1. A slab equal to the above length is prepared dry as described above, in 6 - 8 layers using a 15 cms POP roll.
  2. The patient's forearm is held in mid prone position with the elbow in 90° flexed position.
  3. A layer of soft cotton roll is applied around the elbow.
  4. A layer of dry gauze bandage is applied from the hand up to the middle of the arm.
  5. The slab is applied along the posterior aspect of the arm, elbow and the forearm down to the knuckles.
  6. Make slits (about 5 cm) across the slab at the inner and outer aspects of the elbow joint crease. Overlap the cut edges and smooth out the bend without "dog ears".
  7. To strengthen the slab, at the elbow joint level, another slab of 5 layers is made and applied starting on the medial aspect at the top end of the first slab crossing around the point of the elbow and going upwards on the lateral aspect to the top end.
  8. Smooth edges (particularly around joints) and place in triangular sling.

Below Knee Backslab

  • The below knee plaster slab is applied in cases of injuries to the ankle and foot.
  • Extends from the level of the tibial tubercle, posteriorly down the calf, ankle, heel and sole to the toes.
  • Prepare a dry plaster slab of eight layers equal to the above length, using a 15 cms roll.
  • Prepare two slabs each about 10 cm shorter, for use in the medial and lateral aspects of the leg.
  • Apply the first slab from about 5 cm below the popliteal crease, along the back of the calf, heel and sole.
  • Apply the side slabs on the medial and lateral sides.
  • Fix the smoothed out slabs to the leg with a wet gauze bandage, keeping the foot in neutral position (ankle MUST be kept at 90°)

Above Knee Backslab

This type of plaster slab is applied in cases of injuries around the knee and fractures of the tibia and fibula. It extends from the middle of the thigh along the back of the leg and heel to the base of the toes.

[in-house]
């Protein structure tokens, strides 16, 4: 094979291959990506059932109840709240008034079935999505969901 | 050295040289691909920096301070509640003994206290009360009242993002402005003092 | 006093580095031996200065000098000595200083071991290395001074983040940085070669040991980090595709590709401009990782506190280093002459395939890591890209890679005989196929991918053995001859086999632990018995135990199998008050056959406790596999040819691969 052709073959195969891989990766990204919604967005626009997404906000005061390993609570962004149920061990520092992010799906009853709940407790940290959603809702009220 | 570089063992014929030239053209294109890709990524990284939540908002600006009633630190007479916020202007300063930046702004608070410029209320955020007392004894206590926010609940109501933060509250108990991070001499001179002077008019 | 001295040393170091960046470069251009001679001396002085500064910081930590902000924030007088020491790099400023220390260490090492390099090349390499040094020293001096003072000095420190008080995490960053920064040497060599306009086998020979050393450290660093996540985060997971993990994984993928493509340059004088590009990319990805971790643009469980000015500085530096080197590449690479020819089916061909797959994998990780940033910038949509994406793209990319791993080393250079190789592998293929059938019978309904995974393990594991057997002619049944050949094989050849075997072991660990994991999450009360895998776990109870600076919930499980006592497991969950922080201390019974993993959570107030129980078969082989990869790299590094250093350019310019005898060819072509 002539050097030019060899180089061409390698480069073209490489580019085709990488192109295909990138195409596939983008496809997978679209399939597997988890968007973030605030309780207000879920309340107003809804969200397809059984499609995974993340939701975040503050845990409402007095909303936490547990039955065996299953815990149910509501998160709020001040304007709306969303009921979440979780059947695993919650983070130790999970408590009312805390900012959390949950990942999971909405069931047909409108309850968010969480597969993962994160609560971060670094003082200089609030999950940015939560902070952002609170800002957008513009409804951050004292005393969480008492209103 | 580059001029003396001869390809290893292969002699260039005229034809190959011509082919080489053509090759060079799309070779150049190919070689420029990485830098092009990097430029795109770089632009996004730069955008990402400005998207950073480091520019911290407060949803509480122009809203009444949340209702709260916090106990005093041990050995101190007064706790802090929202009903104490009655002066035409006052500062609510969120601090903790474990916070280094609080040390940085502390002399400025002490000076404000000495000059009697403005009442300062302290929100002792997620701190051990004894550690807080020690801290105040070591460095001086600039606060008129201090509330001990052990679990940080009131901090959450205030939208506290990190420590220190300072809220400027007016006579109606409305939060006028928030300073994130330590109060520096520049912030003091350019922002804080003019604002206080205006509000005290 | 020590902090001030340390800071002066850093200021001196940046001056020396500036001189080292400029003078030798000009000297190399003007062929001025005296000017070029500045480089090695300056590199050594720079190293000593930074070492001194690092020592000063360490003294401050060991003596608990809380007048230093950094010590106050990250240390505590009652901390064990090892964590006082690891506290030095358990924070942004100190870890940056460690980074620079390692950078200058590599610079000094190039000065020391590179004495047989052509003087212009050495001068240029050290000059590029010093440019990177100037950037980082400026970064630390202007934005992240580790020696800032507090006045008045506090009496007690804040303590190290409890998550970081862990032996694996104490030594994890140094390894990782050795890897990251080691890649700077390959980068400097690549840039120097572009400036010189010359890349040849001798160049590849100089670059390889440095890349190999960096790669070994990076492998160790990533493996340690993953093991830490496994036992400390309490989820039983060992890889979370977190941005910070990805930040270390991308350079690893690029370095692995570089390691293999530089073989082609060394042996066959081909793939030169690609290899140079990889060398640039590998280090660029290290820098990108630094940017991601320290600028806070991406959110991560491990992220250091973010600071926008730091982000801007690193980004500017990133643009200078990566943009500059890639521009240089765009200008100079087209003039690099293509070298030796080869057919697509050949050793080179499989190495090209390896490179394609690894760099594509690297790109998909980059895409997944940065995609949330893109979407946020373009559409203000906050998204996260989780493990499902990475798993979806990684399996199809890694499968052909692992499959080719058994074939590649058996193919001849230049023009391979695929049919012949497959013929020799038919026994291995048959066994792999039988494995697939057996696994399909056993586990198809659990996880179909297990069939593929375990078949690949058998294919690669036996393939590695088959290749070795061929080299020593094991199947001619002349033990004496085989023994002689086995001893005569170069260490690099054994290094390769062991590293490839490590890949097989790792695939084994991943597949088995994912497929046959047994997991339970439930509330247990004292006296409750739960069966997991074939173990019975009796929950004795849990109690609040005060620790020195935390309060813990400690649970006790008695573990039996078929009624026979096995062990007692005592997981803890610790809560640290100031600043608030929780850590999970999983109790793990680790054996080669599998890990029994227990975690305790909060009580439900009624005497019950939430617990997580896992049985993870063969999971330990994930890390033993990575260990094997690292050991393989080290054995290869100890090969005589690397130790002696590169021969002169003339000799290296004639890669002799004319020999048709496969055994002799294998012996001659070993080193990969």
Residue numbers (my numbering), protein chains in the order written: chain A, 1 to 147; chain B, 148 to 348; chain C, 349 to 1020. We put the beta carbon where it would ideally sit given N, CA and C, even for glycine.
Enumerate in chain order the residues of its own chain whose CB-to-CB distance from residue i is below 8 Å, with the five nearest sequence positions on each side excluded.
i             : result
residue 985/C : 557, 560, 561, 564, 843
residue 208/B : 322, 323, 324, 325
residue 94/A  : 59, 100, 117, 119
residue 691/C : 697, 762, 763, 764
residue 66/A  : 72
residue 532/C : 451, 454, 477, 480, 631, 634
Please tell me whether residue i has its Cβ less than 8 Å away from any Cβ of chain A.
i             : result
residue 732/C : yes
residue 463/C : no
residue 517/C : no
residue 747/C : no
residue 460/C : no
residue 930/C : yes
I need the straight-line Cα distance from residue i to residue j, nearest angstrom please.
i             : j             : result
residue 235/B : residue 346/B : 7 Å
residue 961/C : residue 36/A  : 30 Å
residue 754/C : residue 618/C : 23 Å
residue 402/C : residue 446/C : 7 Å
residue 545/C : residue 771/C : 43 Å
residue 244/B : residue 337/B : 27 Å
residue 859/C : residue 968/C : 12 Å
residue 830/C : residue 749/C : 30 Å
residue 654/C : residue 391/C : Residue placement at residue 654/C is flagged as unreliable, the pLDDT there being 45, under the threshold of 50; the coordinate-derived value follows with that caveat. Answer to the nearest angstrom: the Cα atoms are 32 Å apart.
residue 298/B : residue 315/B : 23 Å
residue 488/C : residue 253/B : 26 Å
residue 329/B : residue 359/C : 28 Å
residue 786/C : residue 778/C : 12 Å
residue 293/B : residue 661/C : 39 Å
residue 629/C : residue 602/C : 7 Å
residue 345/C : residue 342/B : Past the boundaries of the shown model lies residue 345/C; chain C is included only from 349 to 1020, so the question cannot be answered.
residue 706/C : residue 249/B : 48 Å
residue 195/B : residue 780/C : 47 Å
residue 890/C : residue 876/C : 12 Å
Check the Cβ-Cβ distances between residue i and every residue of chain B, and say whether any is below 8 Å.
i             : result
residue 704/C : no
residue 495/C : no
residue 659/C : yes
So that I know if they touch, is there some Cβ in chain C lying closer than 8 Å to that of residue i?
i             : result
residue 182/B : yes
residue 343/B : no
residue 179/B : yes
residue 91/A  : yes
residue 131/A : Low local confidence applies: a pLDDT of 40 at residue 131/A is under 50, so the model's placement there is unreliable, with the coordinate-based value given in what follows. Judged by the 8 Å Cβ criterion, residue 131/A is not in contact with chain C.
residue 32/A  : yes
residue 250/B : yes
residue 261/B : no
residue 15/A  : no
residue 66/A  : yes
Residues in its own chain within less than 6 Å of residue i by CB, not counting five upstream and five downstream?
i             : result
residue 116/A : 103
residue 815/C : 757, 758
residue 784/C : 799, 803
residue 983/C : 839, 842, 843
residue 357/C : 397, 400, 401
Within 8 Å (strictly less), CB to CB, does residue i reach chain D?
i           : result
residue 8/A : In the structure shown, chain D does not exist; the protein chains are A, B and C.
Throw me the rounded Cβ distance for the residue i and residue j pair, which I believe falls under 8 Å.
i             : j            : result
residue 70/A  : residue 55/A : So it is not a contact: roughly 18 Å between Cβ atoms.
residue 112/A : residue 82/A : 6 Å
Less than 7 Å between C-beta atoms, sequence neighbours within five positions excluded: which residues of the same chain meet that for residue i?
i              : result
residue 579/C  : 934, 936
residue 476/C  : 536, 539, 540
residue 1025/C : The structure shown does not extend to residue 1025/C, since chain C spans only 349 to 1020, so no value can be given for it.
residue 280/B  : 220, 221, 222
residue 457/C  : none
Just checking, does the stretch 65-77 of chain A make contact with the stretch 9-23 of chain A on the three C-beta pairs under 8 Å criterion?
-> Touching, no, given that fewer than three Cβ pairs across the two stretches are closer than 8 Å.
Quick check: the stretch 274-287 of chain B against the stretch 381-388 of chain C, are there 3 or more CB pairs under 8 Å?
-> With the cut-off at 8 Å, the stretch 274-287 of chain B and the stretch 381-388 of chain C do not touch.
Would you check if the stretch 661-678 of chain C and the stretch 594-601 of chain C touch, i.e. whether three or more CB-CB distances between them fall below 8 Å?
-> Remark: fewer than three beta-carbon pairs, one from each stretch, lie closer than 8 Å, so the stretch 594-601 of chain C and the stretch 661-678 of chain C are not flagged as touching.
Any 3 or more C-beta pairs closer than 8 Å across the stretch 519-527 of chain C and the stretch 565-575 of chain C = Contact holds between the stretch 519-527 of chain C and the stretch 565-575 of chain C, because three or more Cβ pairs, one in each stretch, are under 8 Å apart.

Technique

  • Prepare a dry plaster slab to the above length (8 layers from a 15 cm PoP roll).
  • Prepare two side slabs of length 10 cm shorter than the posterior slab, each with 6 layers.
  • The patient lies on his back. An assistant holds the leg about 25 cm above the couch with one palm under the knee and the other hand holding the toes. The knee is held in 5° flexion and the foot kept at neutral position.
  • Cover the patient's knee with a layer of soft cotton roll; apply another pad around the ankle and heel.
  • Apply a layer of dry gauze bandage firmly from the base of the toes to the middle of the thigh.
  • Apply the first slab after moistening, starting over the sole of the foot and along the posterior aspect of the leg and thigh and mould it to the leg by rubbing and smoothening it.
  • Slit the slab on either side at the heel and tuck the cut edges properly to avoid "dog ears".
  • Apply the side slabs on the medial and lateral sides of the limb and covering the heel. Mould the slabs over the leg by smoothing the slabs.
  • Fix the slab with wet gauze bandage, holding the limb in the correct position described above.
  • Rest the leg on two sand bags, one behind the knee and a smaller one behind the ankle.

Content by Dr Íomhar O' Sullivan 19/09/2005.   Reviewed 11/02/2007.Last review Dr. ÍOS 3/09/14. Patient advice sheet